LINGUIST List 15.970

Mon Mar 22 2004

Sum: English 'Go Ahead'

Editor for this issue: Steve Moran <stevelinguistlist.org>


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  1. Emma Pavey, use of 'go ahead' in spoken English

Message 1: use of 'go ahead' in spoken English

Date: Mon, 22 Mar 2004 06:23:49 -0500 (EST)
From: Emma Pavey <elp22cogs.susx.ac.uk>
Subject: use of 'go ahead' in spoken English

Hi.

This summary is in response to a message posted several weeks ago
(Linguist 15.562) regarding the use of 'go ahead' in spoken
English. Many apologies for the delay in posting a summary.

I'd particularly like to thank Patrick Hanks, Harold Schiffman, Tivoli
Majors, J L Speranza, Bruce Despain and Betsy Evans for their replies.

Respondents offered categorizations of uses of 'go ahead'. Most of
these include a use involving permission/softening of a
command/politeness (e.g. the rest of you can go ahead and stay
seated). Tivoli Majors added the use of 'go ahead' in an almost
opposite sense, as part of a dare: 'Go ahead and fire me'. She also
adds a choice between two courses of action. e.g. I'll go ahead a stop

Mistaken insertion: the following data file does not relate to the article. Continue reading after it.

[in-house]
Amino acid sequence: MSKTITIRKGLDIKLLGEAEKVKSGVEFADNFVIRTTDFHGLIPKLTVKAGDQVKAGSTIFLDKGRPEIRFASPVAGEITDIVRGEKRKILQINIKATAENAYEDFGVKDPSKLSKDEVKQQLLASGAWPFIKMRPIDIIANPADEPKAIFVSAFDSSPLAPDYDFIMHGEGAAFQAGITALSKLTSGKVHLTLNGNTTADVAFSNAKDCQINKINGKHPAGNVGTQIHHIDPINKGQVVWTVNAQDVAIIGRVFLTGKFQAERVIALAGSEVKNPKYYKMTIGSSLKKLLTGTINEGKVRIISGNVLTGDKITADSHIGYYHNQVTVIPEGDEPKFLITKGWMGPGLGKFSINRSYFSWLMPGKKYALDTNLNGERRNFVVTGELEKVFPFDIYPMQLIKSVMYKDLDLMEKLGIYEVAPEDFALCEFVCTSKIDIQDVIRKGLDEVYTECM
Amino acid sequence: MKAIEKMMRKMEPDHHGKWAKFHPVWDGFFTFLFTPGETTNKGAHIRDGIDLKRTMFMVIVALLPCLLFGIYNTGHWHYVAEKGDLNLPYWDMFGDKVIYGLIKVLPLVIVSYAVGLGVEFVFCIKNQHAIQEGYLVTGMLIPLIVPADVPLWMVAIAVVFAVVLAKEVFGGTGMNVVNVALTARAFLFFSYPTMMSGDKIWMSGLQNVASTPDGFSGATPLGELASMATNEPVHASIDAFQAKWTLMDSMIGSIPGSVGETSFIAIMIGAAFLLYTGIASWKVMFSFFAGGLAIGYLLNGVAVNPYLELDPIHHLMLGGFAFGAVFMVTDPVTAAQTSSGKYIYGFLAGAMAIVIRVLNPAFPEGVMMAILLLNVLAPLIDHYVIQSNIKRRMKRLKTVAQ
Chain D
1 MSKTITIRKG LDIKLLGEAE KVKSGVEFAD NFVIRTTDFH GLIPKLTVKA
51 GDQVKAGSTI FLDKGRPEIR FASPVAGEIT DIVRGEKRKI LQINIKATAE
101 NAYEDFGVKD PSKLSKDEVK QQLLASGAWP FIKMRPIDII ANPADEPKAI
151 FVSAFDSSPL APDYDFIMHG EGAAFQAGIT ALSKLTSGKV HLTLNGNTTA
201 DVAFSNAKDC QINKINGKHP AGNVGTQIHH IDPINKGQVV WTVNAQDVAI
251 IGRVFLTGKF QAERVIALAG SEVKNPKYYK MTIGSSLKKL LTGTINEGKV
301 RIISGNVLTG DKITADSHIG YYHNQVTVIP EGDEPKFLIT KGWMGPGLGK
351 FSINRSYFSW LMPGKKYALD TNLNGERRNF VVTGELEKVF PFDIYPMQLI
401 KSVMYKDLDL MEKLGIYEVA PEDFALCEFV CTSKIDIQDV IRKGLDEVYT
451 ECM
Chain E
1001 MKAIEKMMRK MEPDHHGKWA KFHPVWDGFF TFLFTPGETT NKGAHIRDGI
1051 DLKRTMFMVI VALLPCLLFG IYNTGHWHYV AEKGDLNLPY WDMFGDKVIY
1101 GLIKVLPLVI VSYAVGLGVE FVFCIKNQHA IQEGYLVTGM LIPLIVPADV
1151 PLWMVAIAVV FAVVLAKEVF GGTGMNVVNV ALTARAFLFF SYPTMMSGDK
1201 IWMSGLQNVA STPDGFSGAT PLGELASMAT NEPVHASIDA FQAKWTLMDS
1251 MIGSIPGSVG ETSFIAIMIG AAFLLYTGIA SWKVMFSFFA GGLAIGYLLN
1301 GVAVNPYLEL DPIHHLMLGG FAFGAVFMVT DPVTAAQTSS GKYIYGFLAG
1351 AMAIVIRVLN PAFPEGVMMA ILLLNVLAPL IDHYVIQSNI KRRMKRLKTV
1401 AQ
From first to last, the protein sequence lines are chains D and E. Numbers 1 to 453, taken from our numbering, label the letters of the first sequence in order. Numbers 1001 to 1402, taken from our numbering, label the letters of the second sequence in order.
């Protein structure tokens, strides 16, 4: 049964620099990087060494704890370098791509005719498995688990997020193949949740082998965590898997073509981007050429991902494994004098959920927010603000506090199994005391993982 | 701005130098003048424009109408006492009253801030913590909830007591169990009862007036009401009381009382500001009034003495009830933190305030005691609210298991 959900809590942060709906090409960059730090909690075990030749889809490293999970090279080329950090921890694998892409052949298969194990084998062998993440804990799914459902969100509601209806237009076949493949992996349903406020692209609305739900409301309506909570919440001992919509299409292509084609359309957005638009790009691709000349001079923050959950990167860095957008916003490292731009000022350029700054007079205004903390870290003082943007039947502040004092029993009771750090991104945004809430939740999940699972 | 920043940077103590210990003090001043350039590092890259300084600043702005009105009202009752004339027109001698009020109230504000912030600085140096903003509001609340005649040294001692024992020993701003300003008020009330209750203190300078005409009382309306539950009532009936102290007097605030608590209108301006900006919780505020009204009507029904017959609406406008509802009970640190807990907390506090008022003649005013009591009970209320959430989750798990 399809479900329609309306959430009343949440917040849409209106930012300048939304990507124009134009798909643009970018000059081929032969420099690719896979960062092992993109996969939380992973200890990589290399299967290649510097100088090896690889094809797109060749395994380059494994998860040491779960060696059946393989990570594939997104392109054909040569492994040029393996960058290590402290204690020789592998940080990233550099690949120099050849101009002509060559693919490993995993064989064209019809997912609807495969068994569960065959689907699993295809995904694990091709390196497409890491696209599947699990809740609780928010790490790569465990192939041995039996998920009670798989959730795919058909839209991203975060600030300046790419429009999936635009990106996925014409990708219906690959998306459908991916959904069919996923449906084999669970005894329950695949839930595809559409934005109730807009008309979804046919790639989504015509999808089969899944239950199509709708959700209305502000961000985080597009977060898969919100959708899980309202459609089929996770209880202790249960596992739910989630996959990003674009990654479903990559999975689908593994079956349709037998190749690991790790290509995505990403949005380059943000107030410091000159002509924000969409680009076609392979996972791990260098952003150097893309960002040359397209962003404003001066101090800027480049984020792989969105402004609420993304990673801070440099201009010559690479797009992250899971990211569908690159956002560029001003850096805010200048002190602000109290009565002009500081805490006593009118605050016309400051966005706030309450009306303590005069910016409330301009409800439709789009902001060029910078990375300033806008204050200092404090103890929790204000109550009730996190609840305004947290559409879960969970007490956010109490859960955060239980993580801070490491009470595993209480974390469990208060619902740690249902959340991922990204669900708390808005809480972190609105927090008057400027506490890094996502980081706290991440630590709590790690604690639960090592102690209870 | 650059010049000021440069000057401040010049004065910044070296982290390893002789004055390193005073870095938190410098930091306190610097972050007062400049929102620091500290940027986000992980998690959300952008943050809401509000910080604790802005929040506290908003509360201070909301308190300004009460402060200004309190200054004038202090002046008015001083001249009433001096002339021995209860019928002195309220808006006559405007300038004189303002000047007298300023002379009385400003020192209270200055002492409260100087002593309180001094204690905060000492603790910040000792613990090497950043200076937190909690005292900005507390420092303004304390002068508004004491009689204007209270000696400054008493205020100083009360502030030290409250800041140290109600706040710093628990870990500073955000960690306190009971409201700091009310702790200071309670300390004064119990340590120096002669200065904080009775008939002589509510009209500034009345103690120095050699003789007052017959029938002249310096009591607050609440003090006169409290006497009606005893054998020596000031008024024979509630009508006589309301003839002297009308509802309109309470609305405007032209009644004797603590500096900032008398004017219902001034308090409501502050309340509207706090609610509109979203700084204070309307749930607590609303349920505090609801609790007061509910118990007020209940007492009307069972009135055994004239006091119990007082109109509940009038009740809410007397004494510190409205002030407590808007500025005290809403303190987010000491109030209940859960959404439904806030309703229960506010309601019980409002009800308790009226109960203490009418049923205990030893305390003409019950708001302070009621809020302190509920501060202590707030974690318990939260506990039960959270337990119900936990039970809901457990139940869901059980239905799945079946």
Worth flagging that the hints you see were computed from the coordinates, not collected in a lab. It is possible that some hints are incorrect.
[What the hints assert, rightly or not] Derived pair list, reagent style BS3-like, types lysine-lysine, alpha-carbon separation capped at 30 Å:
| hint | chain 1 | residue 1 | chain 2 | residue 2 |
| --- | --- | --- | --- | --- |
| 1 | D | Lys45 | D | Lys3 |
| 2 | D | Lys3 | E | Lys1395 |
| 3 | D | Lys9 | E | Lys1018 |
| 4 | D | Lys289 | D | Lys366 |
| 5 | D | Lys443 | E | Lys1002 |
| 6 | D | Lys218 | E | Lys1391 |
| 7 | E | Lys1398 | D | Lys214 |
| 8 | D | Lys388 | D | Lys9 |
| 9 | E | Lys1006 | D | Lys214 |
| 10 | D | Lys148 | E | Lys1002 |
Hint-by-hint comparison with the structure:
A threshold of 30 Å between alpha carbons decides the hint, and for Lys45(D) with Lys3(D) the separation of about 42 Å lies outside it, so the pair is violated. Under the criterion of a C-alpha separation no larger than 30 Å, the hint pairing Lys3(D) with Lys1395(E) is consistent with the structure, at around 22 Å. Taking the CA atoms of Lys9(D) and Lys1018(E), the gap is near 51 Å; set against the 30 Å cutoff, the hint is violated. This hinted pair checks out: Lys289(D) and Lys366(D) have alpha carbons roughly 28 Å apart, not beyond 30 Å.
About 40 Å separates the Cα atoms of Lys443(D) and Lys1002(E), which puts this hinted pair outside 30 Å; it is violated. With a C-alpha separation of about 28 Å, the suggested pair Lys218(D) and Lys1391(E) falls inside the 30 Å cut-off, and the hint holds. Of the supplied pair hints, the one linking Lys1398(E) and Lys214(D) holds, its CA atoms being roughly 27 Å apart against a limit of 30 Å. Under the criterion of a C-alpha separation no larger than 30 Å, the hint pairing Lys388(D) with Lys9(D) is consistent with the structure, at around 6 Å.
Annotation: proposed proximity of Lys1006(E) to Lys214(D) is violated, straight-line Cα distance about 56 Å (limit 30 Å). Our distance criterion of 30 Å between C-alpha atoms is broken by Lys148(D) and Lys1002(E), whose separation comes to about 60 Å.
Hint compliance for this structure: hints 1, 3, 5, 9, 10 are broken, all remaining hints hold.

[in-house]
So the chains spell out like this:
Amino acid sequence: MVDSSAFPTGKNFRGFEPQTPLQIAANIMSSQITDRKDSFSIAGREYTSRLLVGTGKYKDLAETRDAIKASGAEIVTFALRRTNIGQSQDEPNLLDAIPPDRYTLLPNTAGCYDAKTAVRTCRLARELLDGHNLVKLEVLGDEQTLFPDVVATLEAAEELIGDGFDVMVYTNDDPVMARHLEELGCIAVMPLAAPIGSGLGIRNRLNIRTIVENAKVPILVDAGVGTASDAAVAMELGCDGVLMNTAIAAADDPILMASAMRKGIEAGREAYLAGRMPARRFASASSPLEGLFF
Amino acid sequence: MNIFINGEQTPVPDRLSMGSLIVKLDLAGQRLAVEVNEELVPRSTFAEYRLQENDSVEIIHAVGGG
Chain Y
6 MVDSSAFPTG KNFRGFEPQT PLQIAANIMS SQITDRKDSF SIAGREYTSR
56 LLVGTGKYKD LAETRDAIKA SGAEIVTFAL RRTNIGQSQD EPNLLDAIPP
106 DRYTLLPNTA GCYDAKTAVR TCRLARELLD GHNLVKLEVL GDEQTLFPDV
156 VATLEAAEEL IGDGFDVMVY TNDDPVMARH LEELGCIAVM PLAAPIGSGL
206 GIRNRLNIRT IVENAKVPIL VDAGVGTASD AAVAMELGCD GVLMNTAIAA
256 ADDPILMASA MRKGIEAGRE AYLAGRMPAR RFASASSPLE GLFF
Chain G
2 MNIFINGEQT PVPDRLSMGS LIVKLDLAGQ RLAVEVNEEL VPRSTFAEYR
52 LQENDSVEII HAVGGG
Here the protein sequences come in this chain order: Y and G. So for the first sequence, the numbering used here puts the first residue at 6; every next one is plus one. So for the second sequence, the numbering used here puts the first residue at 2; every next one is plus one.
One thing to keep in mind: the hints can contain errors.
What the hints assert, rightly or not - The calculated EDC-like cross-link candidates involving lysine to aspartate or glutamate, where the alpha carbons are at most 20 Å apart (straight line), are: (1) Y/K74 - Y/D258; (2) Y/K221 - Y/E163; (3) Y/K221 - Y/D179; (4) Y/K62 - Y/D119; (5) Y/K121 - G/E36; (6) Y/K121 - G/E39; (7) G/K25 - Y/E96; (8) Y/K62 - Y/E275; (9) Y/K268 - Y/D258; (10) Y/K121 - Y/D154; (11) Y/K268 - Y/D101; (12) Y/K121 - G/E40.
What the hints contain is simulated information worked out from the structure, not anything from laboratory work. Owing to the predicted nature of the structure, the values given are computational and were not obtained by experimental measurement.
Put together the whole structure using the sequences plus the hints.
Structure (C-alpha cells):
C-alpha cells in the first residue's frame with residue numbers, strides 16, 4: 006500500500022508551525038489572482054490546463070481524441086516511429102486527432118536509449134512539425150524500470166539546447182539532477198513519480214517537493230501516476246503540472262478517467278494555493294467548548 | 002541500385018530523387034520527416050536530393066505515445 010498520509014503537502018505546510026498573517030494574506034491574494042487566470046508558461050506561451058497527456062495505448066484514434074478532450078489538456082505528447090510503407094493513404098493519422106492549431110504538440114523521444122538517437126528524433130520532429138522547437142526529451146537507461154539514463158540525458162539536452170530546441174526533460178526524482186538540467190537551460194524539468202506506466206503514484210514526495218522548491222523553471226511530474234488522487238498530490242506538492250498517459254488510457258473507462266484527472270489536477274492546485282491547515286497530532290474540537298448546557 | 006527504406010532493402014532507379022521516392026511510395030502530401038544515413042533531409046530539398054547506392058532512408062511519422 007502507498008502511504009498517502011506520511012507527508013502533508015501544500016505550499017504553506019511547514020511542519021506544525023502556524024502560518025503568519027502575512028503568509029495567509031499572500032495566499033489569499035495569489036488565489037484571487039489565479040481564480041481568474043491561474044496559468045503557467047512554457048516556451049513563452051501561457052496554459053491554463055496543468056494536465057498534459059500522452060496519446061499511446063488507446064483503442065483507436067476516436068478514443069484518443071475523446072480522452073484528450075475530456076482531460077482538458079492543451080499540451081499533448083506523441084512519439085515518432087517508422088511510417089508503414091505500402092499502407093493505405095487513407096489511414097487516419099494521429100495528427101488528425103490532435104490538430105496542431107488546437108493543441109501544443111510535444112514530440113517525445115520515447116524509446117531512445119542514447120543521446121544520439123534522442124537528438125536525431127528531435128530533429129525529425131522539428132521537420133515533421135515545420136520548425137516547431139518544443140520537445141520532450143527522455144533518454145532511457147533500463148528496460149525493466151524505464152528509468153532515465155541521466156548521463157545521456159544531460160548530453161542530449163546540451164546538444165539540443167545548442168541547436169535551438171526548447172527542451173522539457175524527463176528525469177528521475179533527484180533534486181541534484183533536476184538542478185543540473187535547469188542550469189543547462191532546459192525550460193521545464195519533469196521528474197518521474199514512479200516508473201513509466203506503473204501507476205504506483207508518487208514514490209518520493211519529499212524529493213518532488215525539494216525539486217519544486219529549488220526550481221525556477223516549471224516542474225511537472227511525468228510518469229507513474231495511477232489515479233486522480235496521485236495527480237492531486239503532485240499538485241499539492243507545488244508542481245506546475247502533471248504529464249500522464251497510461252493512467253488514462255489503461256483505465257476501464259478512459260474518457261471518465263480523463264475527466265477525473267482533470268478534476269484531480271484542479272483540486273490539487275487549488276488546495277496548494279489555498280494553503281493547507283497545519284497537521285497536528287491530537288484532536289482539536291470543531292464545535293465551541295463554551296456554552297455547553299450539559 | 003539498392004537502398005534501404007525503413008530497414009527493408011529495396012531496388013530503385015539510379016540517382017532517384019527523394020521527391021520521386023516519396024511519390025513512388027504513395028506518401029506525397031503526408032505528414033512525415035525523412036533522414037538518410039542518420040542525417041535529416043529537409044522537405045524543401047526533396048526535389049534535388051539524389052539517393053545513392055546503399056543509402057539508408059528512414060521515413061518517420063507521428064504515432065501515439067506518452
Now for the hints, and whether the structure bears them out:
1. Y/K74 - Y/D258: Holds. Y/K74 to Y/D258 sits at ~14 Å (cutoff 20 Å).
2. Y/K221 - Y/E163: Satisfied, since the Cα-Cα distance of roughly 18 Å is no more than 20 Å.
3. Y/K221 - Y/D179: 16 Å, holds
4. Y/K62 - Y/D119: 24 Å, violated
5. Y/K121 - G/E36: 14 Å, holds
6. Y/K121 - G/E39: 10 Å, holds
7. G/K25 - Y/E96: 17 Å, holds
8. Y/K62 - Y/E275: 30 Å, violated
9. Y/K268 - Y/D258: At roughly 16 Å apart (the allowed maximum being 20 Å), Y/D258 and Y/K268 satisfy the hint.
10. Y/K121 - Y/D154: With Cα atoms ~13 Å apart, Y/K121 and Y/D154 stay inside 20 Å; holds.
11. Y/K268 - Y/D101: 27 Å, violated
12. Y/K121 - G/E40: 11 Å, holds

there�Euro�but I could go on.

Patrick Hanks provided the following categorization
1. [[Activity | Plan]] go ahead 
2. [[Person | Institution]] go ahead
2.1 [[Person | Institution]] go ahead and [V]
2.2 [[Person | Institution]] go ahead {with [[Activity | Plan]]}
3. [[HumanGroup �ompetitor]] go ahead (Domain: sports journalism)
4. INTERPERSONAL: IMPERATIVE/go ahead y"nvitation to interlocutor to
door say whatever he or she was intending to do or say.

Patrick Hanks, Harold Schiffman and JL Speranza note the figurative
sense of the expression; it is often simply used as a
'filler'. Patrick Hanks observes that it is almost always temporal,
involving an action, and needs to be modified to work in a
spaciotemporal sense: 'go on ahead�Euro�' (Hanks' work on light and
phrasal verbs is based within the 'Corpus Pattern Analysis' project
based at Brandeis University, linking meaning and use by building an
inventory of semantically motivated syntagmatic patterns for each verb
in English).

Finally, Betsy Evans pointed me to a recent movie, Office Space, where
a character uses the phrase a lot. This is reflected in others'
observations that the phrase is common in bureaucratic and
office-related environments.

Thanks for the replies, sorry again for the delay. 

Emma Pavey

Subject-Language: English; Code: ENG 
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